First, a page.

RCMP commissioner vows to review use of controversial neck hold restraint
As protests against police brutality continue, Lucki acknowledges 'unconscious bias' in the RCMP
The head of the Royal Canadian Mounted Police said today the service will review its officers' use of a controversial neck hold restraint —a promise that comes as mass protests against police brutality continue across North America in the wake of George Floyd's death.
But RCMP Commissioner Brenda Lucki also said there are times when police officers need to use force and people get hurt.
The "carotid control hold" is the act of compressing the arteries on either side of a person's neck. Used correctly, it causes the person being restrained to slip into unconsciousness — but applied incorrectly, it can lead to injury or death.
"We'll definitely review it," said Lucki in an interview with the CBC's Rosemary Barton.
Lucki said the carotid control hold is at the far end of the continuum of police use of force, on par with using a firearm.
"It's when something serious or death or bodily harm is going to happen," she said.
The carotid restraint, also known as the "sleeper hold" or "blood choke," differs from the restraint used by the Minneapolis police officer in the encounter that ended with Floyd's death — that officer knelt on Floyd's neck for more than eight minutes. His death has sparked international protests and has caused more than a dozen law enforcement agencies in California alone to announce in recent days that they would bar officers from using carotid neck restraints.
"Any time there is any review of any kind of intervention or any police technique, we're always looking at what happened with that review and how it can be applied to the RCMP context," said Lucki.
The RCMP moved to ban the chokehold, which restricts airflow, back in 1979 due to the danger involved.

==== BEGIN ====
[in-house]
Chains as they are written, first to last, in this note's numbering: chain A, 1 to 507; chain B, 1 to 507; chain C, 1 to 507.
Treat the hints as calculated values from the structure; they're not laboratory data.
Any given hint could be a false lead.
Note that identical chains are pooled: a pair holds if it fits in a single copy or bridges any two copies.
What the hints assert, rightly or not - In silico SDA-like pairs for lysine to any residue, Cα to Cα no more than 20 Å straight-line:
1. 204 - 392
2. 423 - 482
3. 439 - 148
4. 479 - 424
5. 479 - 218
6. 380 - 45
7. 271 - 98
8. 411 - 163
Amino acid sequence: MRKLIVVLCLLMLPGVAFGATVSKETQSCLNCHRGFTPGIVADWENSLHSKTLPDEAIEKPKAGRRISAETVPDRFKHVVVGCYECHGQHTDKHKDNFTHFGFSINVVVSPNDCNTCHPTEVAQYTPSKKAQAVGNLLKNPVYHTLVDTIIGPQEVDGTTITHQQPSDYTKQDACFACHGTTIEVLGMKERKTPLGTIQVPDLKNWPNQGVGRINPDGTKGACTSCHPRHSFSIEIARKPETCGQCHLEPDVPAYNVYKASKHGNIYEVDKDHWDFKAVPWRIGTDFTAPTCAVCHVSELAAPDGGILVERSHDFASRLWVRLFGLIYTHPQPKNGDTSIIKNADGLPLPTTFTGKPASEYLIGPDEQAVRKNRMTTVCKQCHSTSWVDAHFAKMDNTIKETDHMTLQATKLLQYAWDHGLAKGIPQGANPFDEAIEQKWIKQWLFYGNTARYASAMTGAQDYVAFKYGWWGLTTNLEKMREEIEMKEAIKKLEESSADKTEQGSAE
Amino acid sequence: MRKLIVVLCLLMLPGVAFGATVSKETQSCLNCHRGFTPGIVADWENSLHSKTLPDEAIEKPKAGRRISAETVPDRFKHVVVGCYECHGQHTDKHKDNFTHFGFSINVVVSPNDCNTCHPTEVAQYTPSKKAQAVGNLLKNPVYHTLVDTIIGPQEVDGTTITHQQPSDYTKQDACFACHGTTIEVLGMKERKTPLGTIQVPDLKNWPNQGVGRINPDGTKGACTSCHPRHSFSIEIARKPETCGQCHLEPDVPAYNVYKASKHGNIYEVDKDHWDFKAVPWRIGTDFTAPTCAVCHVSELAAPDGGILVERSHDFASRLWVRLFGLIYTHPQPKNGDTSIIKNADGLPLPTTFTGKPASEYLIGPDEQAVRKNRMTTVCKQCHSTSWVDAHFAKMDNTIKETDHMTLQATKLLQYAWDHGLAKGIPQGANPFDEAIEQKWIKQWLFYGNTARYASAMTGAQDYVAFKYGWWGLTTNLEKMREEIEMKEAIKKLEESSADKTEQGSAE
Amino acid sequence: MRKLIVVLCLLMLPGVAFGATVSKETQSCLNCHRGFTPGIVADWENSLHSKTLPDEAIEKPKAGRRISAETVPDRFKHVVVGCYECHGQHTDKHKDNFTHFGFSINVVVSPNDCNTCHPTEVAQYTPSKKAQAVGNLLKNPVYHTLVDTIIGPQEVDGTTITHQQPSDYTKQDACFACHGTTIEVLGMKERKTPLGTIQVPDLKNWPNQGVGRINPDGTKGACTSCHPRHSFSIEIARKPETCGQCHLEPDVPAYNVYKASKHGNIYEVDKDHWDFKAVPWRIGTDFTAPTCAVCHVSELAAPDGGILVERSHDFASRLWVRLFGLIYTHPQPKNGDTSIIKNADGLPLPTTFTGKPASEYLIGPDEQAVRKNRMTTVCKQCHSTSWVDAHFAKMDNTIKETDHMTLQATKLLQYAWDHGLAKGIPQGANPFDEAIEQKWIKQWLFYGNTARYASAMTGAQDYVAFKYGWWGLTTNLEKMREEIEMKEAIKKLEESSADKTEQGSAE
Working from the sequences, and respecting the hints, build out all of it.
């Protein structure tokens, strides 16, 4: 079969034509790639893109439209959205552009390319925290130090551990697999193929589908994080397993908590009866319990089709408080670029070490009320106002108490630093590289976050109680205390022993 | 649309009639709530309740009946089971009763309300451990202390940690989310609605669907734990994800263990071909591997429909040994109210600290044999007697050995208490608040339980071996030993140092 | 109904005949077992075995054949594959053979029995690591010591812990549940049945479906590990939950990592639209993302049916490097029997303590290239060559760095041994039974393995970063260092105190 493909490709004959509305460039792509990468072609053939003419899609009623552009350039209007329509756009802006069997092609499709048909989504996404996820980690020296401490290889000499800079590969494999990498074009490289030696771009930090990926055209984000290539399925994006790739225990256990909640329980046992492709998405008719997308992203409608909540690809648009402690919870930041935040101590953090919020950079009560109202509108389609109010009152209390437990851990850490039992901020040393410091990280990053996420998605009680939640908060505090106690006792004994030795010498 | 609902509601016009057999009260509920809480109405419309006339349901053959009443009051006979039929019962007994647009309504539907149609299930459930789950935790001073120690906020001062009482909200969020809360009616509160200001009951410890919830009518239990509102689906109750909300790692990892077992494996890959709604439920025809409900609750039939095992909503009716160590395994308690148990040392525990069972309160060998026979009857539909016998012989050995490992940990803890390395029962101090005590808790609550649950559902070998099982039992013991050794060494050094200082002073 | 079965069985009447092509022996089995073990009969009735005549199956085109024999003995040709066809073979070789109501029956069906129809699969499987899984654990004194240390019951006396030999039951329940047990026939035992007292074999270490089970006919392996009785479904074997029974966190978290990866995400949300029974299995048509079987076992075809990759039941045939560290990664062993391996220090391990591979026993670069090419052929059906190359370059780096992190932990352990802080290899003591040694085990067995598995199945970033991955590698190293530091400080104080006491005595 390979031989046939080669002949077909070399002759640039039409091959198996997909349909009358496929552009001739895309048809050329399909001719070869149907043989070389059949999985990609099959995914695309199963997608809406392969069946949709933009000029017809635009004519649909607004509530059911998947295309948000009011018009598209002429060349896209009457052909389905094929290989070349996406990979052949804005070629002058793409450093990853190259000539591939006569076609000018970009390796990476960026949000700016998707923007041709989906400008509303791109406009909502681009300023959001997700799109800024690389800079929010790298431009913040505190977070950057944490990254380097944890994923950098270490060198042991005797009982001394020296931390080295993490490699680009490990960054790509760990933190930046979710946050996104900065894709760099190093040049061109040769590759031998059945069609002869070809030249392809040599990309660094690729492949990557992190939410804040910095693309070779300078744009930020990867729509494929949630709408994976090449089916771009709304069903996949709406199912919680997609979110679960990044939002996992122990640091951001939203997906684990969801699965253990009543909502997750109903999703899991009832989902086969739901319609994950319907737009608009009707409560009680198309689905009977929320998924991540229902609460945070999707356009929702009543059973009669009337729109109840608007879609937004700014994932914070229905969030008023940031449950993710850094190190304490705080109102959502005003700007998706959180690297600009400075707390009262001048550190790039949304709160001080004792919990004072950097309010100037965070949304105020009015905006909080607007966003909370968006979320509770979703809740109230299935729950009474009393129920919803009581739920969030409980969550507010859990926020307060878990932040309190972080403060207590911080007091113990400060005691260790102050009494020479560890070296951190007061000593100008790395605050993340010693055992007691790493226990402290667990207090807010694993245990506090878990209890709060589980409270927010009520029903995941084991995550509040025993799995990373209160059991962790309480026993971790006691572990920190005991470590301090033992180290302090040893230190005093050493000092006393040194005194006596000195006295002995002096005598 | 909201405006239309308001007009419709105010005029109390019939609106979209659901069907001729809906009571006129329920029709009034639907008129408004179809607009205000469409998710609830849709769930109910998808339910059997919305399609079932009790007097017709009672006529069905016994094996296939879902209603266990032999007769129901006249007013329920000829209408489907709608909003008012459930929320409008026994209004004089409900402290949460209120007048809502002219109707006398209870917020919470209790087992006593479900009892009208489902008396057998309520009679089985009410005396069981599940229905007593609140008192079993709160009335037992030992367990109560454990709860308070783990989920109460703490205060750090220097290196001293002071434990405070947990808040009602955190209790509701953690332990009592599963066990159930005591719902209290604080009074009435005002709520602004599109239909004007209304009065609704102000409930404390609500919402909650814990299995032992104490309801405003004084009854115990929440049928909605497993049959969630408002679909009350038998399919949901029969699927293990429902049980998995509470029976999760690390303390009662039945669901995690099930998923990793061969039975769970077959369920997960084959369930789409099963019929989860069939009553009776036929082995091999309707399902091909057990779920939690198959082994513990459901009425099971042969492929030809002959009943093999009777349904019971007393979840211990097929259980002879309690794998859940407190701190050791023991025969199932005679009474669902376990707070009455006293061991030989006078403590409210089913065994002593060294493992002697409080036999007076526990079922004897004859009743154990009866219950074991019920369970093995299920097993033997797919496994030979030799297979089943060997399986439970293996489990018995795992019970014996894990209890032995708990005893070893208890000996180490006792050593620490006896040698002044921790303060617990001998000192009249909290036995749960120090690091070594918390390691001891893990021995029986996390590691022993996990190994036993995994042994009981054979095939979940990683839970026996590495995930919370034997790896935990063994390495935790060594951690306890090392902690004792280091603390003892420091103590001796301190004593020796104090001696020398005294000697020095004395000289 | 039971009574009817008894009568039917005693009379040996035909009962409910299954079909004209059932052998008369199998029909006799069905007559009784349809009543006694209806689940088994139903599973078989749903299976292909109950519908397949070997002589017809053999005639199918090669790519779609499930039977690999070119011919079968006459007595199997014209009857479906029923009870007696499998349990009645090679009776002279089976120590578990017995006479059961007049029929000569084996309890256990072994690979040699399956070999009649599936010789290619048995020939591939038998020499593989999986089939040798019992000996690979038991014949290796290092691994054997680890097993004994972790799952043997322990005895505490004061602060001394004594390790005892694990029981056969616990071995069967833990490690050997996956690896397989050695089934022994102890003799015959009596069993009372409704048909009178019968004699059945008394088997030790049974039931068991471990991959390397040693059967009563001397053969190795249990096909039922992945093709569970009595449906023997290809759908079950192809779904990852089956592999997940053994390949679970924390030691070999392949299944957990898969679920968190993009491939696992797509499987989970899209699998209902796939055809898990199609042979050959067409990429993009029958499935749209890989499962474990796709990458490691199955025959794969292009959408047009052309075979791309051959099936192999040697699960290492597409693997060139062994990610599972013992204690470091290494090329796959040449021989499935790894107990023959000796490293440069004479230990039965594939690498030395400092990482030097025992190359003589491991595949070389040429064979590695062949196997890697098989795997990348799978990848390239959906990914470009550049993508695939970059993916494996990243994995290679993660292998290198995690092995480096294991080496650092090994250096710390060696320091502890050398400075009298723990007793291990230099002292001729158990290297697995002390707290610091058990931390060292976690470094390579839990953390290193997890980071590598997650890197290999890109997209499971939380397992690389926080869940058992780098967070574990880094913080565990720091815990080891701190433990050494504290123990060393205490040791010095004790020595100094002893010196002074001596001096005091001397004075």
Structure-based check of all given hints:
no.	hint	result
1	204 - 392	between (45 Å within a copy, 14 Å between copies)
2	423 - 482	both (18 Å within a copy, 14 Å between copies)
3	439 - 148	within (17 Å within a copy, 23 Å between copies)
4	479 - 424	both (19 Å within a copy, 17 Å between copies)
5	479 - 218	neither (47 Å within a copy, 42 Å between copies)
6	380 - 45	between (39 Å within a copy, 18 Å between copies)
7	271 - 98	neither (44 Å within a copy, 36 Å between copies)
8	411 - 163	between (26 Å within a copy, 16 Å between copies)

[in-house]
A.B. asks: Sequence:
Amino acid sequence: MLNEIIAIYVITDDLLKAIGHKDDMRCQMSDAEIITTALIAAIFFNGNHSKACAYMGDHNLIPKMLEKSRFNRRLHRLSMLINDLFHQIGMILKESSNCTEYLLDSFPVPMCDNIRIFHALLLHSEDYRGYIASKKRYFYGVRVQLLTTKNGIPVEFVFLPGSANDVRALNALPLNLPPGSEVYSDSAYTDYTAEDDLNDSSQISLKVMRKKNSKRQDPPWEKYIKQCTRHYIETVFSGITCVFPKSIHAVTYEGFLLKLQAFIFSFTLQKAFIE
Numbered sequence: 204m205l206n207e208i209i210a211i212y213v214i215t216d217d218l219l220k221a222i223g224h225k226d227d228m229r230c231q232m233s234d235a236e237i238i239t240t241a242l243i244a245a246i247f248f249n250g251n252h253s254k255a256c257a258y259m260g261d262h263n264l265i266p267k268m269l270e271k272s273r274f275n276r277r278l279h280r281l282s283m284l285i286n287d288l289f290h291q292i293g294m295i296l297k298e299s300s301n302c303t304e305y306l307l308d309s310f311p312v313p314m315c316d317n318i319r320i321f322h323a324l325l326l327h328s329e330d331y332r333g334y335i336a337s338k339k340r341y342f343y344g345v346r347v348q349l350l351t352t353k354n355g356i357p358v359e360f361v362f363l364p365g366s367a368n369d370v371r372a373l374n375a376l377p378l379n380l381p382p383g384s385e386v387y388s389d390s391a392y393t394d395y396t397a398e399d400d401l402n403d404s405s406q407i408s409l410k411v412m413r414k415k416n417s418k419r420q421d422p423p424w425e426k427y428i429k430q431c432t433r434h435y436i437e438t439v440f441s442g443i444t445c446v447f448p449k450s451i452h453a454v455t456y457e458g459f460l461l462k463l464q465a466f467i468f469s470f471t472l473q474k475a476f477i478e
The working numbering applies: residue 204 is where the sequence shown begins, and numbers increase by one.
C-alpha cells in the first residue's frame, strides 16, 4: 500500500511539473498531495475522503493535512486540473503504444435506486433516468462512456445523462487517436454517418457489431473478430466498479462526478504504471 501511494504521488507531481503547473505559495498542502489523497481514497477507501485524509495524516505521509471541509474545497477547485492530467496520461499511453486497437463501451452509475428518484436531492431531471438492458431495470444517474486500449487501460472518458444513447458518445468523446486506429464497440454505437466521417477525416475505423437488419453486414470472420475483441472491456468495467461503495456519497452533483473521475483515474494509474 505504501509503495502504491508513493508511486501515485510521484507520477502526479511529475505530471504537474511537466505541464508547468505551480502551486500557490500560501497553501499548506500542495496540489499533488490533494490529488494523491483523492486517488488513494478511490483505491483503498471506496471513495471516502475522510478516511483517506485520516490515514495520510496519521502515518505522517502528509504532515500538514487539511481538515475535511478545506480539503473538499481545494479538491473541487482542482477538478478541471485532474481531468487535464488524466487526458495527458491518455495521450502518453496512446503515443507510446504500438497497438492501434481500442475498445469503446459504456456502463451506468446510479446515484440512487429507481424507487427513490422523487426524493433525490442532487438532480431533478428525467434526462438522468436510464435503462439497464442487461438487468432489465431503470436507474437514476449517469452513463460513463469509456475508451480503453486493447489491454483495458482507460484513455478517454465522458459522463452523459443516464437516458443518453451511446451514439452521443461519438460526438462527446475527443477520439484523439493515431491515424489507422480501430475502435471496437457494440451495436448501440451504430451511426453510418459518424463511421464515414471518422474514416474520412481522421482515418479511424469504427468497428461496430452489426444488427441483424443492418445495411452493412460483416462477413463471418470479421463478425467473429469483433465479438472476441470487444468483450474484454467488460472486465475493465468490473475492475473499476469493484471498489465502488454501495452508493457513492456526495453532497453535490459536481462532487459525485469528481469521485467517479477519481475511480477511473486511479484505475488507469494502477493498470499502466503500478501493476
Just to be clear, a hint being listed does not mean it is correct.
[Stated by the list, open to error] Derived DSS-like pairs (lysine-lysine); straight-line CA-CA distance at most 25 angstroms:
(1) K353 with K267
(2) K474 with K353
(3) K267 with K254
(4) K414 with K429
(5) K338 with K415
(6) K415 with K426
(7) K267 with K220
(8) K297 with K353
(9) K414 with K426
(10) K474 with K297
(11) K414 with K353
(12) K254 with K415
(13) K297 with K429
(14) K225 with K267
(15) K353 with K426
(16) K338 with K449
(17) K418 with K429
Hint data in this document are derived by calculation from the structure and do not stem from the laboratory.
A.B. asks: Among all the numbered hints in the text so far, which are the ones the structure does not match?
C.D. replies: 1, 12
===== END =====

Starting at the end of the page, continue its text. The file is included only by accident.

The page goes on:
Allegations of racism
The review comes amid broader calls for a cultural shakeup within the RCMP after a series of headline-grabbing allegations that called into question both Mounties' use of force and how they police Indigenous people.
Over the weekend, Chief Allan Adam of the Athabascan Chipewyan First Nation in Alberta alleged that he was beaten by RCMP officers and his wife was manhandled back in March when police stopped him for an expired licence plate in Fort McMurray. That arrest is now under review.
Watch: RCMP commissioner talks about racism in the force
"Nobody likes to see pictures like that," said Lucki. "There is always a set of circumstances and, depending on the circumstances and the level of resistance, sometimes there are intervention actions that need to be taken.
"Obviously, we never want to see anybody get hurt when we're dealing with anybody in any an incident, but it does happen."
Just a few days earlier, a video appearing to show an RCMP officer in Nunavut using his truck's door to knock a man over before arresting him was shared nationwide.
"From the outside looking in, I have to be honest, it does not look like a reasonable response," Lucki said.
"We've asked the Ottawa Police Service to come in and to investigate that particular incident and and to see what exactly happened in that case."
The RCMP's top officer in Alberta, where officers are being questioned about their use of force, attracted controversy this week when he denied the existence of systemic racism in Canadian policing.
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"I don't believe that racism is systemic through Canadian policing, I don't believe it's systemic through policing in Alberta," Deputy Commissioner Curtis Zablocki told a news conference in Edmonton on Monday when asked about unfolding protests in the United States over the death of George Floyd and debates over police violence around the world. His statement triggered widespread criticism.
Lucki has since spoken to Zablocki and said he misinterpreted the term "systemic racism".
"His intention was to simply say that, you know, if there is racism, he didn't believe it in his thoughts that it was rampant across the organization," she said.
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When asked if there is systemic racism in policing in Canada, Lucki said she believes there is "unconscious bias."
"That is an interesting question because in the last couple of days I have honestly heard about 15 or 20 definitions of systemic racism," she said.
"If it refers to an unconscious bias that exists ... we definitely have that in the RCMP and we are not immune to it at all. There are times when our members don't act in accordance with our core values, which includes racism, and it's those times that we have to make sure that that doesn't happen."
With files from Philip Ling